I scrolled and noticed the post, Bono & Brené Brown in Conversation.
No. Freakin’. Way.
I didn’t miss it. There’s time to get tickets, they don’t go on sale until TOMORROW! Check the calendar, check the calendar, check the dang calendar. Who’s working? Is there a musical rehearsal after school that day? Doesn’t matter, I’ll arrange my reinforcements. But wait, 4:00. I’m at work until 3:45. Traffic. How much? Ticket prices are not available until sales open.
Wait. Nope. You have to at least try. It’s BONO and BRENÉ! Calm down. You don’t have a ticket. I have to try. I check the calendar and decided to take the afternoon off. I made imaginary arrangements for S to get picked up from rehearsal. And the price? I have unspent summer school and birthday money waiting for a big, fun, for me purchase and this is where it will go.
I set the alarm to go off at 9:50 a.m. on November 4th. I open the site for ticket sales to have it ready. I have classes coming in that day, but by the time I’m done, students will be checking out their books and getting ready to leave. Okay, calm down. It’s okay, don’t get your hopes up.
November 4th, 9:50 a.m. my alarm goes off as planned. I slip into my office and open the website. An updated message appears saying something like “Ticket sales for Bono and Brené in Conversation, another event, followed by another event, and another event will open at 10:00 a.m. …”
“Yes, I KNOW,” I fuss at my phone. I retrieve my purse from a cabinet and thunk it on the counter next to my desk. I dig for my bank card. How many more minutes? I refresh the page to make sure it doesn’t get stuck. Our building is notorious for clogging up anything you want to pull up on cell networks.
My heart throbs…
I refresh the page.
Let’s do this, I don’t care how much it costs.
And I’m stuck in a queue. A virtual line. They rub it in and show virtual me standing in a cyber line. Lucky number 3,405 with 3,285 people ahead of me. The theater’s capacity is 1,270. Sigh. I found what I was looking for, but there weren’t any left for me.
In a real line I could have met a bunch of other people and been part of a collective disappointed groan. Instead, I put my card back in my purse, return it to the cabinet, and await the arrival of the next class.
A week later
streamers hang on the patio
vibrant, yet tired
a trampoline hasn't been reassembled
and probably won't return
to its spot in the backyard
She's thirteen now
we've long stopped
of summers long past,
my hands intertwined
with her silly little
first grader fingers
Gifted wine bottles line up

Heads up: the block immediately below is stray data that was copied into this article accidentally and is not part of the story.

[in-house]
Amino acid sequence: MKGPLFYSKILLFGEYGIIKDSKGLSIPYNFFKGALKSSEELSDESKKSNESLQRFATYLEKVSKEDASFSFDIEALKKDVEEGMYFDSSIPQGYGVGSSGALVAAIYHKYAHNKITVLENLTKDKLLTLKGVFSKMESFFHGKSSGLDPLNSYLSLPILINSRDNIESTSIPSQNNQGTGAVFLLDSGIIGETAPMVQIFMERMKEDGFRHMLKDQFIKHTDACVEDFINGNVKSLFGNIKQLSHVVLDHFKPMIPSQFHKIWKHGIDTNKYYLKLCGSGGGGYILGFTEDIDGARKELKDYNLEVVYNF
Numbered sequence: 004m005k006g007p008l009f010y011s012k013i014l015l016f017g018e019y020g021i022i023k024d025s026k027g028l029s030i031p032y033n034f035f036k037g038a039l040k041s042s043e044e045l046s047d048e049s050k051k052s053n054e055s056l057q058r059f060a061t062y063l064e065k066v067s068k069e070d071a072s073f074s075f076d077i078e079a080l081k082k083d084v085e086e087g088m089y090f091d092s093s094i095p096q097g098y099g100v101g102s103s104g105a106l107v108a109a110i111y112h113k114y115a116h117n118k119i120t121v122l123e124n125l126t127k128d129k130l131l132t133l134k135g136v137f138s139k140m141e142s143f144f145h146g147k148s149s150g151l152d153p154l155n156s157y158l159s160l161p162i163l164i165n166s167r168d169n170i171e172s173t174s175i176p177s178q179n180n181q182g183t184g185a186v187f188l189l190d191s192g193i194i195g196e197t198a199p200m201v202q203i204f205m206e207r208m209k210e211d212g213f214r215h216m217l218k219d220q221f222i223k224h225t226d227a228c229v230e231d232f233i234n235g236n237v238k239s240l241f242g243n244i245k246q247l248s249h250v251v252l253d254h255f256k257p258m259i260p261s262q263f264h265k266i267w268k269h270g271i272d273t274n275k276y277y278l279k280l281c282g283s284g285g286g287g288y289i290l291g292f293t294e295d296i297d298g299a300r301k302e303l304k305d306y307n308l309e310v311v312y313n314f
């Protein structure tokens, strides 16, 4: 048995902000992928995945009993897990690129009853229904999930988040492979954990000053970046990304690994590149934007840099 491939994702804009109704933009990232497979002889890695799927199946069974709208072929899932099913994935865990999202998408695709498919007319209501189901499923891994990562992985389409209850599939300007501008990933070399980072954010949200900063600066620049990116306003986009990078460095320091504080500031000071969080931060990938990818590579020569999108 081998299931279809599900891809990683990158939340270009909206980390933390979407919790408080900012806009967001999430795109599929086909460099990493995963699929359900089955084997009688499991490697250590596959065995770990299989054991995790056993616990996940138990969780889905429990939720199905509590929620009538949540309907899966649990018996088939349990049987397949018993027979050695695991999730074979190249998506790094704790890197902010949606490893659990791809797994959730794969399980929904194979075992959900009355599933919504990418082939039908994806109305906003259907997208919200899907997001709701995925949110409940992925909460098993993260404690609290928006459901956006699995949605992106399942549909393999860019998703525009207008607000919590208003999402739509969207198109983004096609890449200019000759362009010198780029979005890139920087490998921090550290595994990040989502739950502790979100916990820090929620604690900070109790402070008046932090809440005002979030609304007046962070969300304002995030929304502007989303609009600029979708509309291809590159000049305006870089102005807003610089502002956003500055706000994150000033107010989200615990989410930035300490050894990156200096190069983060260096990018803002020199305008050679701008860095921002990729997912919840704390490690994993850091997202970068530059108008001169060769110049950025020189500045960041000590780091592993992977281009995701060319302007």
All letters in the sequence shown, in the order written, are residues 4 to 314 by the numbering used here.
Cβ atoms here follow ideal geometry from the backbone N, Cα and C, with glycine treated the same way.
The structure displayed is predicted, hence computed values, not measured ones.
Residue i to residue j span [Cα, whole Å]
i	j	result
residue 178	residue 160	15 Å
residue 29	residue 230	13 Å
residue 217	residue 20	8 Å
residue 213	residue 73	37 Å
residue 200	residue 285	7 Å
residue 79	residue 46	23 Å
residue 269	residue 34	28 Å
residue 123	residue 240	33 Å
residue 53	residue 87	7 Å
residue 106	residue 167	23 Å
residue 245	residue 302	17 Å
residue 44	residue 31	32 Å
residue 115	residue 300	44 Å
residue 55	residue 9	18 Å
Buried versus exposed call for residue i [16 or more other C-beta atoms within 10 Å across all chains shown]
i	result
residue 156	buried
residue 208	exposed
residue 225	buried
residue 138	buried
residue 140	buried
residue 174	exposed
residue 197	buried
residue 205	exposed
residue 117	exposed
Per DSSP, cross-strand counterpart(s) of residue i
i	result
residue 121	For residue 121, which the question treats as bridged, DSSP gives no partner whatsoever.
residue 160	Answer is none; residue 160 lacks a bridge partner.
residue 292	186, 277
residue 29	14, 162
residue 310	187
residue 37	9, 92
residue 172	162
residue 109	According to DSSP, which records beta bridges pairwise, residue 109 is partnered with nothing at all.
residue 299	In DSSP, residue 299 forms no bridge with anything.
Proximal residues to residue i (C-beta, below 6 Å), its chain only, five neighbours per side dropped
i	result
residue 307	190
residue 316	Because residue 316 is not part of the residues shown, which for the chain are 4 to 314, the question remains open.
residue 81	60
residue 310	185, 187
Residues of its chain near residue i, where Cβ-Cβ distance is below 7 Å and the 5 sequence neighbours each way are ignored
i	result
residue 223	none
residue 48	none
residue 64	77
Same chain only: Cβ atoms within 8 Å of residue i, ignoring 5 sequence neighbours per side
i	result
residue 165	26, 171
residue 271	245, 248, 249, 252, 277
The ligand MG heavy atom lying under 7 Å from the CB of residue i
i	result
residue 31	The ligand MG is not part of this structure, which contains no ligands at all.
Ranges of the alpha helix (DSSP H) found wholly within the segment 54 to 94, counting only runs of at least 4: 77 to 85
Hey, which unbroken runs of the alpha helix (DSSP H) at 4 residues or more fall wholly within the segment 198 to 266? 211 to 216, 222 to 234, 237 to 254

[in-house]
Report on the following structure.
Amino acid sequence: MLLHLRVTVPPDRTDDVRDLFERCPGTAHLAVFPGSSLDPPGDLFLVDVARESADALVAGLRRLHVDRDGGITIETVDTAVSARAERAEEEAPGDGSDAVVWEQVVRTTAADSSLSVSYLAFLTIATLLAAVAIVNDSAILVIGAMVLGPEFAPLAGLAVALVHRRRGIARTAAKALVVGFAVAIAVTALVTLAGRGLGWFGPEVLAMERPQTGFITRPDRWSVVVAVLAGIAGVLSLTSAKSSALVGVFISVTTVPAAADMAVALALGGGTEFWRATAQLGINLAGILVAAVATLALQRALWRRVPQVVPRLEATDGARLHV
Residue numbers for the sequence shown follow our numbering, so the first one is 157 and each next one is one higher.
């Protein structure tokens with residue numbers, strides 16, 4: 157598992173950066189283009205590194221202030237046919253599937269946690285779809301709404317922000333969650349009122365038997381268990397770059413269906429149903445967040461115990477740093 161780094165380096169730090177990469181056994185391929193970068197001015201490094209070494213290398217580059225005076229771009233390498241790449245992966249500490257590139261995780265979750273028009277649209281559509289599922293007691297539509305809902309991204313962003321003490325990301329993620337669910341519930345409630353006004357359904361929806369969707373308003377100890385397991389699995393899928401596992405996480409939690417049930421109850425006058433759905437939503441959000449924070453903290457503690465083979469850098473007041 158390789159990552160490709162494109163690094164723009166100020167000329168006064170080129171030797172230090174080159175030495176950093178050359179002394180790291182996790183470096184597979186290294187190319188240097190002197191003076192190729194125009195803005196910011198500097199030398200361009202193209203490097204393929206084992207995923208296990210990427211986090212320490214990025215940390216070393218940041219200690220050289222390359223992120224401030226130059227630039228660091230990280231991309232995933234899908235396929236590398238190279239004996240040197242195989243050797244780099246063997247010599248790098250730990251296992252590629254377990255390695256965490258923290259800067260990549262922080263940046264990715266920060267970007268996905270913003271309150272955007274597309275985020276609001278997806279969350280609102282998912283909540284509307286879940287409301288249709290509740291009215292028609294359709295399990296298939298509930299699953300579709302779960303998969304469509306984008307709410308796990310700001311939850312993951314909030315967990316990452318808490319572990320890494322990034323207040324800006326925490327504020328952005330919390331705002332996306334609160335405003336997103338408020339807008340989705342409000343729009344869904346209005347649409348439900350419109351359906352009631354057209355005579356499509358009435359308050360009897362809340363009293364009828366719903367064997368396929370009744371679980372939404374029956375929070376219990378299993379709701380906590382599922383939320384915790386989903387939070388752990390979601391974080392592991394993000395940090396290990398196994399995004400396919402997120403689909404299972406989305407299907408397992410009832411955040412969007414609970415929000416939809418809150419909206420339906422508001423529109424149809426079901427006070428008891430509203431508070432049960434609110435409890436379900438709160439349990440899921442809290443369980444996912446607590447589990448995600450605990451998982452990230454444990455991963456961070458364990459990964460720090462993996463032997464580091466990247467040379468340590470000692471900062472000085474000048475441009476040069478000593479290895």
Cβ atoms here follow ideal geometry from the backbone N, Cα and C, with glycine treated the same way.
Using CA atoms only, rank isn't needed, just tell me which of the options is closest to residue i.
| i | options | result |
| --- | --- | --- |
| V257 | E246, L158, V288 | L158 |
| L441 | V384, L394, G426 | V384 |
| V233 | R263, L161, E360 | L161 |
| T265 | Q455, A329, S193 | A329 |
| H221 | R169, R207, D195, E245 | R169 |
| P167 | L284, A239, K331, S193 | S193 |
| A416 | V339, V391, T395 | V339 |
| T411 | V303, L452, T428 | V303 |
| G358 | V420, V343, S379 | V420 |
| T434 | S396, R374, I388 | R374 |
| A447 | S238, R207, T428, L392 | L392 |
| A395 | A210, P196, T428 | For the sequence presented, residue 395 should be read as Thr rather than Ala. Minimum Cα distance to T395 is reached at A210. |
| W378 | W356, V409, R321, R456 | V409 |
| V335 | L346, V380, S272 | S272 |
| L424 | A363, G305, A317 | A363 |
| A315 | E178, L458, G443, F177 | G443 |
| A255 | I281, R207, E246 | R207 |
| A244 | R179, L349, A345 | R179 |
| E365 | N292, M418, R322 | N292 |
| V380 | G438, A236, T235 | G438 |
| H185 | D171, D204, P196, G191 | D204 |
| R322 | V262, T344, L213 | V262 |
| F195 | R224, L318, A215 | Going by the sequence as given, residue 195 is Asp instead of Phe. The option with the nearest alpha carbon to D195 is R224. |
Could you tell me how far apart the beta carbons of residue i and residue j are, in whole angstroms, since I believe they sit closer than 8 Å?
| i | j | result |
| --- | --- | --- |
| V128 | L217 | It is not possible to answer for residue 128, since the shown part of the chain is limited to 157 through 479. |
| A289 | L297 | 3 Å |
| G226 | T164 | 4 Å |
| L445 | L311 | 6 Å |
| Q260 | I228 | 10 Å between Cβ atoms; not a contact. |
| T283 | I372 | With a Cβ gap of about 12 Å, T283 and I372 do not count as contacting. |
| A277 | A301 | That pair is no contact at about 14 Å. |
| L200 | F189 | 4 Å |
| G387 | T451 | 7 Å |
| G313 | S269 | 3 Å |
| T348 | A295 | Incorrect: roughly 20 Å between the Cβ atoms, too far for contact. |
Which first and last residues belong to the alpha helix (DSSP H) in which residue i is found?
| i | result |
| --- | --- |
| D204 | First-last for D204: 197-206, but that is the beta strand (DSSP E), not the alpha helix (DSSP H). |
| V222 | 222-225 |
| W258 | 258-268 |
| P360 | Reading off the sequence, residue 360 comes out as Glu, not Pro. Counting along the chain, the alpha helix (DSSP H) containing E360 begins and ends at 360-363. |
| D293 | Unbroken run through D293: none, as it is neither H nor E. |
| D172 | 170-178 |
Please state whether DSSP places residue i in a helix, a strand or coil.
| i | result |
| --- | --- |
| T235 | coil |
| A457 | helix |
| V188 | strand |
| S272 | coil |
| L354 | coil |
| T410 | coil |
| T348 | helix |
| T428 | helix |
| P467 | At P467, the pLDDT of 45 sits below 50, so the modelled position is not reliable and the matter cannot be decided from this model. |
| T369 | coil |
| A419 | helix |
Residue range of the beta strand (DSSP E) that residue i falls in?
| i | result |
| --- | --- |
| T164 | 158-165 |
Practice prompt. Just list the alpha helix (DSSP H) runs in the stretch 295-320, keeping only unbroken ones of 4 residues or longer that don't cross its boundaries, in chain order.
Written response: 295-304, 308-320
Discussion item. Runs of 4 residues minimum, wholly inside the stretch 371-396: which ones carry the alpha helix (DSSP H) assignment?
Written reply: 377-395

one behind the other
I sip from a new coffee mug
and finish the last two
homemade Mexican wedding cookies
baked for a birthday
A lone striped gift bag didn't get folded,
hot pink crumpled paper
peeks from the top
A new sparkly evening bag invites
possibilities and wonderings about
How many more trips around the sun?
I must have been born with a magnetic plate in my head that attracts flying objects, magnetic or not. If I believed in alien abductions, I’d blame it on that too, but I save that one for my pinkie toe and other stories. Stay tuned. Ever since I can remember, anything launched into or sticking out of the air, finds me. The top of my head. My ear. My face.
The last day of eighth grade, brothers in our friend group, the only ones with access to a pick-up truck, invited us to their house to fill water balloons after our end of school year celebration. Officially, even though it’s summer break, we’re Freshmen. Fish. Stinky Fish. Why do they even call it that? Not wanting to be left out, I tagged along. I wore my favorite jams shorts printed with tropical fruits and a tank top. My new summer outfit.
I was supposed to go home right after school to watch my younger siblings, but I convinced them to stay put and not tell Mom where I ventured. “I won’t be gone long and I’ll be home way before she gets home. Don’t tell!” I took off with a friend and made it to the party house.
The plan was to fill the balloons, load them-and ourselves-into the the bed of the pick-up and drive around town catching the new unarmed sophomores unaware. My bestie had a crush on one of them and on one of the drivers, so this was more of a flirting opportunity for her than anything else. Summer teen romance with a side of a third wheel.
We filled buckets with water and loaded them with water filled balloons. The brothers got inside the truck cab while the rest of us climbed up the back and sides to find our places. We drove around, our pent-up and hopeful for high school energy oozing out of us hollering “Ninety! Ninety! We’re the Class of Ninety!” No one heard and no one cared. Except for us. And those sophomores.
We made our way to the only park in town. That’s where we found them. They walked toward us and then, “Fire!” We all scrambled for water balloons and began to aim. Mine didn’t ever go far. Not only do I not throw like a girl, I can’t hold on to any type of sports equipment and water balloons weren’t any different. The others, faster and with better aim launched balloon after ballon at our opponents. They didn’t need my help throwing them, so I started grabbing as many as I could hold and distributed them to the others.
With nothing in their defense, the sophomores devised a clever plan. Evenings had been rainy. The unpaved parking area where we sat in the truck bed was…muddy. They picked up handfuls of mud. Sticky, clay-like mud that holds its shape when cupped into the palm of a hand and shaped into a ball.
“D-u-u-u-ck!” One of the guys yelled.
I sat near one of the buckets, so I didn’t see the commotion. I kept handing out water grenades. “D-u-u-u-ck!”
The girl in front of me ducked. I didn’t.